Category Archives: InCity Feature

From the Worcester NAACP branch: Let Worcesterites decide if they want a strong mayor form of govt

This past Monday (7/14) the executive committee of the Worcester NAACP voted to support the efforts of the WLCC (Worcester Labor-Community Coalition), of which this branch is an active member.

We are asking the [Worcester] city council to delay the hiring of a new city manager, so that a dialogue can take place on whether Worcester should continue with a strong city manager or change to a strong mayor type of city government.  

The WLCC decided to pursue this endeavor after reviewing results of recent poll it had commissioned at special called Monday (7/14) meeting.

The poll results included responses to the importance the role city government plays in the economic development.

While there was a near tie between those supporting city manager/strong mayor government, along with the numbers showing those that could not decide one way or the other.   Eighty eight percent felt that there needs to be a process that allowed the voters to have input and decide the matter for the future government of Worcester.  

 There is a planned press release this coming Monday releasing results of the poll to the public.  There will be presentations made at the city council meeting the following Tuesday (July 22nd), to request that they support the stated objectives.

We encourage those that support this vote by the executive committee to attend that city council meeting.

Summer hair-care tips from Jolleen of Shear Dimension hair salon, Greenwood Street …



Summer Hair Care is all about Moisture!

Hair tends to dry out due to sun damage, water damage, styling and highlighting in the summer.  It is important to keep it well hydrated during the summer months.

Here are a few recommended products and treatments from Shear Dimension to keep your hair healthy this summer:

Every Day Moisture
- Awapuhi Moisture Mist – this is a leave in conditioner and great for everyday before the beach, after swimming, and before styling.
- Dramatic Repair Spray – this is also a leave in spray conditioner targeted towards highlighted hair and has SPF benefits as well as deeper conditioning molecules for over-processed hair.
Once a Week
- Super Charged Moisturizer – Deep Conditioning for sun/water damage.
- Awapuhi Ginger Keratin Intensive Treatment – Deep conditioning infused with keratin for delicate or over-processed hair.
Salon Specialties
Express Keratin Treatments – This is an luxury conditioning treatment to rid yourself of frizz from environmental and chemical damage.  These treatments last from 6 weeks to 3 months (and start at only $30-$80!)
Brazilian Blowout –  Intense smoothing and conditioning treatment to re-infuse your hair with the keratin, soy, silk and wheat protein. You will be left with a silky smooth shiny finish that can last 3-6 months!
Don’t forget our groupon deal at !   You can save up to 50% on services and a deep conditioner is included with purchase! 

Transparency in food labeling should include how animals are treated

By Dan Paden

According to a poll released last year, the vast majority of us favor transparency in food labeling. Eighty-two percent of respondents said that foods containing genetically modified ingredients should be labeled as such, and in May, Vermont passed the nation’s first GMO labeling law. For most of us, our food matters. We want to know if what we’re buying and eating is locally grown or organic or sustainable. I would add one more criterion to that list: Are the foods we eat kind or cruel? If you consume meat and other animal products, the answer is the latter.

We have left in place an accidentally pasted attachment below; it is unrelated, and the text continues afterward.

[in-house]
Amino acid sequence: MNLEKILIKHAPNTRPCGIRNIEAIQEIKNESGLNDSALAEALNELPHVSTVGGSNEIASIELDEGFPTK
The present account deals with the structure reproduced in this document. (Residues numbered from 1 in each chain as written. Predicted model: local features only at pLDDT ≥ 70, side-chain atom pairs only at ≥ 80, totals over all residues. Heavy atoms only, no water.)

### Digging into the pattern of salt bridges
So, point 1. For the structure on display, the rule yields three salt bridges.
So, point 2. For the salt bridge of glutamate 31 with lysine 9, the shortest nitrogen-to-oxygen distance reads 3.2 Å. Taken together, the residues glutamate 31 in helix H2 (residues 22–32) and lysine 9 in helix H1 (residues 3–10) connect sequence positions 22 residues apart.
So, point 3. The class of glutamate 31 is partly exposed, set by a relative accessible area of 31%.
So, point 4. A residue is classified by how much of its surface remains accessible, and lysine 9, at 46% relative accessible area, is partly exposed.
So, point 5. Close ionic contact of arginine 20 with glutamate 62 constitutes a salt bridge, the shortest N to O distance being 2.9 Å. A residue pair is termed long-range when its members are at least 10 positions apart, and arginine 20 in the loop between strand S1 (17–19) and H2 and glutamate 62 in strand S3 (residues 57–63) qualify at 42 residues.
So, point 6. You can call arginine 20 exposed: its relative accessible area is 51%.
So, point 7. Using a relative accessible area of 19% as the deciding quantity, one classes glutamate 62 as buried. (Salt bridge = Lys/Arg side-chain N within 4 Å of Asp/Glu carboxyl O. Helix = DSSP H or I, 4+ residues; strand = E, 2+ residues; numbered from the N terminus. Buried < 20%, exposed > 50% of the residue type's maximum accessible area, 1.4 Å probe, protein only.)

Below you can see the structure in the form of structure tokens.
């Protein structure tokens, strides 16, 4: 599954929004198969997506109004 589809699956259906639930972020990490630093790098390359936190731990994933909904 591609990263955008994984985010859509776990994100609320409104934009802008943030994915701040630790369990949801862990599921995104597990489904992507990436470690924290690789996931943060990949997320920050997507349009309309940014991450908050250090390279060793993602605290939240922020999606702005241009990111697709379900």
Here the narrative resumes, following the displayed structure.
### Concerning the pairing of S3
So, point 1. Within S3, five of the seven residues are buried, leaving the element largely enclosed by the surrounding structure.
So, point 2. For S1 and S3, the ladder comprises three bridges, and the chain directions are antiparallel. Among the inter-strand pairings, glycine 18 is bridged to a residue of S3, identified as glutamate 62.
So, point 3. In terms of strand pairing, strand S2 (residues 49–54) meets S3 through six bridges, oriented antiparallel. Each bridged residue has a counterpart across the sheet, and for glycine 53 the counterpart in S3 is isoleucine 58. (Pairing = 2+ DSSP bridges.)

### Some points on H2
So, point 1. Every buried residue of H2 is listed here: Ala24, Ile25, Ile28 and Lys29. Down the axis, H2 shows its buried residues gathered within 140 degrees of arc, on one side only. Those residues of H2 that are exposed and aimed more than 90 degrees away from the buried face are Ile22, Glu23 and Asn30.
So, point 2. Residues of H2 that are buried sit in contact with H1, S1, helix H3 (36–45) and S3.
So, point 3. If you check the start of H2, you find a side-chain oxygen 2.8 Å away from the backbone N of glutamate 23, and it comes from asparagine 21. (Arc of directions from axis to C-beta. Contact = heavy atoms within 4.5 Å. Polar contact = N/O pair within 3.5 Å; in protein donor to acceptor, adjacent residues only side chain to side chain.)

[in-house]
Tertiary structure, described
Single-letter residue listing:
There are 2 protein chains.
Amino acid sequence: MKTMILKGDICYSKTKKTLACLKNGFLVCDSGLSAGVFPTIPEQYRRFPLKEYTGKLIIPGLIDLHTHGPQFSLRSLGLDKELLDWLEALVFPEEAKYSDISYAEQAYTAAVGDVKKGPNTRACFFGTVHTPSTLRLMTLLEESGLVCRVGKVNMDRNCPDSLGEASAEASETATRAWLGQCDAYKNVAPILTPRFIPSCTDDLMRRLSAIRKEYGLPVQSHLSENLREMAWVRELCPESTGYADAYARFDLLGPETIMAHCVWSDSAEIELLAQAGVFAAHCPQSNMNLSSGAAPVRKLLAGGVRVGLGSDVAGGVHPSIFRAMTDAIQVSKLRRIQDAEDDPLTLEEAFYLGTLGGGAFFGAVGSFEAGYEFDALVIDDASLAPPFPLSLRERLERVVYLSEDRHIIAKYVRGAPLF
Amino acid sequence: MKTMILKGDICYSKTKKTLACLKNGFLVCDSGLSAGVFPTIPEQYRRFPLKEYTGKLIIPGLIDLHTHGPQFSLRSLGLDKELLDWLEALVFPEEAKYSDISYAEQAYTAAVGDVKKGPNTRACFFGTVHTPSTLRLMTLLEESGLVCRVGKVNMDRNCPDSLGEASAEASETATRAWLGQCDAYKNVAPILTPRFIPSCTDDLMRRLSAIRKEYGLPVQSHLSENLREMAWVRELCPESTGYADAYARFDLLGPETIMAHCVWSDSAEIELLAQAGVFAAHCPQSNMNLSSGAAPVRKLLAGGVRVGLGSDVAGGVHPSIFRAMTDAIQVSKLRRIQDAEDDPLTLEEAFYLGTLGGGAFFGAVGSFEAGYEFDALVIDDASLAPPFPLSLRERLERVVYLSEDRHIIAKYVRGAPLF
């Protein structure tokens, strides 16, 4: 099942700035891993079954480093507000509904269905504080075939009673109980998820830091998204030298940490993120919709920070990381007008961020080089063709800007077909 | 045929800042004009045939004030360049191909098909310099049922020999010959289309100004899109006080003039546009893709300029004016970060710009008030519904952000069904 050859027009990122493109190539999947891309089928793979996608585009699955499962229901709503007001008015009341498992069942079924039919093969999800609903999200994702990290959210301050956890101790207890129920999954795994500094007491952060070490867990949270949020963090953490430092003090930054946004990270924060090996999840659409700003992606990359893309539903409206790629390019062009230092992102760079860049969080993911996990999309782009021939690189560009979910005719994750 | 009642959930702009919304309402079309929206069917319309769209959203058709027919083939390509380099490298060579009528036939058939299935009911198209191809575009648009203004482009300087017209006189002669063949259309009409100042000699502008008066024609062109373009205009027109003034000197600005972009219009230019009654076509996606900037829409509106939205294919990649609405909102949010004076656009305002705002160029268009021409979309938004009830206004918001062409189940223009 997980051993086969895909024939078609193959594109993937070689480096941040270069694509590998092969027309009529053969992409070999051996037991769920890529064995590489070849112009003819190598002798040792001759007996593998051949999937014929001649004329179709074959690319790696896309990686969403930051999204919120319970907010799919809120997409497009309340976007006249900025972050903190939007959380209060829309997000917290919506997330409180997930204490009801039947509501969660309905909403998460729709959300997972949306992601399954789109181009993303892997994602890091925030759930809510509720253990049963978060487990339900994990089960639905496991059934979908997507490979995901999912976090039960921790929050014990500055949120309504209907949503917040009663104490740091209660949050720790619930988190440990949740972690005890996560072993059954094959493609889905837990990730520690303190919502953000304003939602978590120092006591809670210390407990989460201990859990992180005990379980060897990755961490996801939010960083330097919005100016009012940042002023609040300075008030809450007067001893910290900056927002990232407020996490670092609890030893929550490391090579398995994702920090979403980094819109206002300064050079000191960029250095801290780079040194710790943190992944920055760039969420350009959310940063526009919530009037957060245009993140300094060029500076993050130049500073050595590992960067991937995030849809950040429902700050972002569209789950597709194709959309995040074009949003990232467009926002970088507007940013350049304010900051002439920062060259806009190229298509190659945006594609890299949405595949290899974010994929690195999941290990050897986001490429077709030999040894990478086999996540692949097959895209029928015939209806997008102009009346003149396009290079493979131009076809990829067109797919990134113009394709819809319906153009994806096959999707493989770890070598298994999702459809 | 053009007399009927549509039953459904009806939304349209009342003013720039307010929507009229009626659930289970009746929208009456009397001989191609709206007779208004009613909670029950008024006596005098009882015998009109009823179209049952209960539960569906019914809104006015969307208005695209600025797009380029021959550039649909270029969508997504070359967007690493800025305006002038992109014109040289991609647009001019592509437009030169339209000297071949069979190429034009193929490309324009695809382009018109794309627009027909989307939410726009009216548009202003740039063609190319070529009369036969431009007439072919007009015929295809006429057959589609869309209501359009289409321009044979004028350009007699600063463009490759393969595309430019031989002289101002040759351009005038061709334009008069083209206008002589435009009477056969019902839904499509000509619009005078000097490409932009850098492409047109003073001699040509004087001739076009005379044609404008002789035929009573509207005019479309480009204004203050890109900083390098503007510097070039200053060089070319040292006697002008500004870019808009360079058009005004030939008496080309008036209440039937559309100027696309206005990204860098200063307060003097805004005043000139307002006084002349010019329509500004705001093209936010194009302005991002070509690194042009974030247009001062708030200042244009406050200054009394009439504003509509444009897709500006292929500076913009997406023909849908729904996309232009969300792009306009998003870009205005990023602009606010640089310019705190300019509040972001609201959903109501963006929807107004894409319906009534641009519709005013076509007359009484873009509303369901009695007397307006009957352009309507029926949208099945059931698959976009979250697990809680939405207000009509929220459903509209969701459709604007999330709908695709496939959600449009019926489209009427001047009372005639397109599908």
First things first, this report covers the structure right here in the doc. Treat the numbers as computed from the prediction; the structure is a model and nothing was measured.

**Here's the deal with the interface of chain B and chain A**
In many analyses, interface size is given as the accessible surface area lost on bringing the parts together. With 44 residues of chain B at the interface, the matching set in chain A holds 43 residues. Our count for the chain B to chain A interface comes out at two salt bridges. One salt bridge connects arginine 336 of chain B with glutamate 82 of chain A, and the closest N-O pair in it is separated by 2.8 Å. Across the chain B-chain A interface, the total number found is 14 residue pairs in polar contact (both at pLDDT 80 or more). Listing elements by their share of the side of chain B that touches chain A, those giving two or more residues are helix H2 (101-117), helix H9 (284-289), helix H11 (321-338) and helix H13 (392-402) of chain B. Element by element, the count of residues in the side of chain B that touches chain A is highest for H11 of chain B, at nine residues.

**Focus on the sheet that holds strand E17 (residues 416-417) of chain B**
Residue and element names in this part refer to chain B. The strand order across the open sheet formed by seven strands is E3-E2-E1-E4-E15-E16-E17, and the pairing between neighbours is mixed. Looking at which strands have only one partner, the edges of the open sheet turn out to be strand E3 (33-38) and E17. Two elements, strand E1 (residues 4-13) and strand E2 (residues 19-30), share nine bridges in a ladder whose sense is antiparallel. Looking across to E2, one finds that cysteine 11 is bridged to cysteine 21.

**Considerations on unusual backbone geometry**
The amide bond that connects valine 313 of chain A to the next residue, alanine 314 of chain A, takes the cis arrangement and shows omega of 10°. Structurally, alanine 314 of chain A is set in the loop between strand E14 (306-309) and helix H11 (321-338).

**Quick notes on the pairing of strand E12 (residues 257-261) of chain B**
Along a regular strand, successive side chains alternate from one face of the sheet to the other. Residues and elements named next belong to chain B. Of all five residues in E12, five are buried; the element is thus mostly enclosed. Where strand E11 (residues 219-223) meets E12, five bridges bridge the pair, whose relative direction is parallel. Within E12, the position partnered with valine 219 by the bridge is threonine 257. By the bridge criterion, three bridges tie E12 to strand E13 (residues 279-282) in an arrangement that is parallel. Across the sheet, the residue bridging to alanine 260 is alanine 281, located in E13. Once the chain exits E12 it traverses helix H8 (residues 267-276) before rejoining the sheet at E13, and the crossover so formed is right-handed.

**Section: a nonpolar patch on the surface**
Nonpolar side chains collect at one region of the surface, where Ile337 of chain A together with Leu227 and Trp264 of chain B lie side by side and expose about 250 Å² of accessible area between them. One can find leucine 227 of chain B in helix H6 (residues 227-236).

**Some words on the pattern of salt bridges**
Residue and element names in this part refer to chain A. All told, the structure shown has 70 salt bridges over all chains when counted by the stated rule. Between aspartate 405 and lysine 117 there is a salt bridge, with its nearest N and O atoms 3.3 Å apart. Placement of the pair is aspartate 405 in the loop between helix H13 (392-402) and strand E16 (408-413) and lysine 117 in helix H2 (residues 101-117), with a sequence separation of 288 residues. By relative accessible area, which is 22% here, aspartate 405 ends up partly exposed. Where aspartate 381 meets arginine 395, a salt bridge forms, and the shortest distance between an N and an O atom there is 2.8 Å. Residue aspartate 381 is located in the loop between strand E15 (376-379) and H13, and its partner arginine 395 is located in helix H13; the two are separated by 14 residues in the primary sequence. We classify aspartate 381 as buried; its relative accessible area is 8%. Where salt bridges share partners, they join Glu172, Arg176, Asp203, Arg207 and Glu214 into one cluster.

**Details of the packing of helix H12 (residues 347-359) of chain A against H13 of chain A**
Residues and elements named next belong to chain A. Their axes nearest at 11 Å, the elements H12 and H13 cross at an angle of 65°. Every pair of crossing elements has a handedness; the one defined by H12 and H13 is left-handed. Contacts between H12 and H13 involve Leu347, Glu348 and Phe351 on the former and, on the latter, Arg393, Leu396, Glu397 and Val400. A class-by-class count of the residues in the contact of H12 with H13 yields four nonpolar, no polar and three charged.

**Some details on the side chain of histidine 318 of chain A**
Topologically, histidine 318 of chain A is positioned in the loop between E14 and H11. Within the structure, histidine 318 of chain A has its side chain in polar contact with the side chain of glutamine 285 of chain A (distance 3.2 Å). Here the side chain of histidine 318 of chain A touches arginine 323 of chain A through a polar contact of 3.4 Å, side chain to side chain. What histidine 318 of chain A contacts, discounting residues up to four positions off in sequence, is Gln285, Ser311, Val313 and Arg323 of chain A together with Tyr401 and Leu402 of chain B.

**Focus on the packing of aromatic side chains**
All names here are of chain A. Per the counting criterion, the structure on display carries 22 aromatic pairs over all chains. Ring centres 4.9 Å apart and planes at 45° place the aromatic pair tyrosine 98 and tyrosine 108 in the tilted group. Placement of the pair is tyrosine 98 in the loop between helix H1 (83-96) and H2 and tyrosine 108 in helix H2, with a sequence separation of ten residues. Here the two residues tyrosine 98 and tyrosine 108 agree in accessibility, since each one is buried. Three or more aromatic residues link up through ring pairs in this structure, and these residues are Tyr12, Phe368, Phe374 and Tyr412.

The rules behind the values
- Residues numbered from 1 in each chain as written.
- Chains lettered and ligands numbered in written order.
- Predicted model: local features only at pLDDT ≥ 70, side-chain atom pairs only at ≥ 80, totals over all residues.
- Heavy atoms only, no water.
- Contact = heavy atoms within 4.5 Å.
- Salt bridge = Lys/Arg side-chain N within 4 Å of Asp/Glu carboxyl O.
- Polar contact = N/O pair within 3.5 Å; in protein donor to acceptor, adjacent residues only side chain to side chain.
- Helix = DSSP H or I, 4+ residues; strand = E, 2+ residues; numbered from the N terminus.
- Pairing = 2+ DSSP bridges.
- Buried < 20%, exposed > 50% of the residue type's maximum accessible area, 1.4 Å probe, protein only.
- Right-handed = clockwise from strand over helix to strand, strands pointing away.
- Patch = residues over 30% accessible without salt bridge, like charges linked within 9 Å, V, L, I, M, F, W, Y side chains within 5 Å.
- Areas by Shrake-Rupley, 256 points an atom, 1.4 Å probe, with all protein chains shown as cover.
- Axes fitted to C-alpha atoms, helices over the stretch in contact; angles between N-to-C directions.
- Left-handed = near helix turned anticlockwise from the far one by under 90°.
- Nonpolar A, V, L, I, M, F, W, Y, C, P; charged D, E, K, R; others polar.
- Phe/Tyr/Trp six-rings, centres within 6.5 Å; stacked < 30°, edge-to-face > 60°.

Every time PETA has sent an investigator to a factory farm, we’ve found cruelty and unmitigated suffering. Every single time. Our latest investigation is no exception. For more than two months, a PETA investigator worked at a pig factory farm owned by a worldwide leader in pig breeding. The company is a leading U.S. supplier of pig semen and of sows who are sold to other meat companies and will be artificially inseminated. When most of us think of GMOs, we probably think about corn or soybeans, but animals are also routinely genetically manipulated for our dinner plates.

At this facility, lame and injured pigs were left to languish without any apparent veterinary care. PETA’s investigator documented one pig who pitifully dragged himself along the hard floor by his front legs, until he collapsed, apparently exhausted. He lay immobile for days in a pen with other pigs, unable to eat or drink, and was finally hauled to slaughter. Other pigs suffer from rectal prolapse, a painful condition in which internal tissue protrudes from the anus, or “belly ruptures,” in which the animals’ abdomens bulge with protruding intestines—again, without any apparent veterinary care.

Lame and injured animals are simply put in what workers call the “junk pen” and are held there until they are taken to the slaughterhouse. Mother pigs are confined to metal crates so small that they can’t even turn around, and many develop painful ulcers on their shoulders from the constant pressure of lying, nearly immobile, on the hard slatted floor. Their crying, writhing piglets are castrated—without any anesthetics or pain relief whatsoever—right in front of them. Mother pigs are fiercely protective, and some thrashed and struggled in the metal crates or tried to bite the workers in a desperate attempt to protect their precious babies. Boars used for semen production are also confined to tight metal crates, jammed together inside a filthy shed.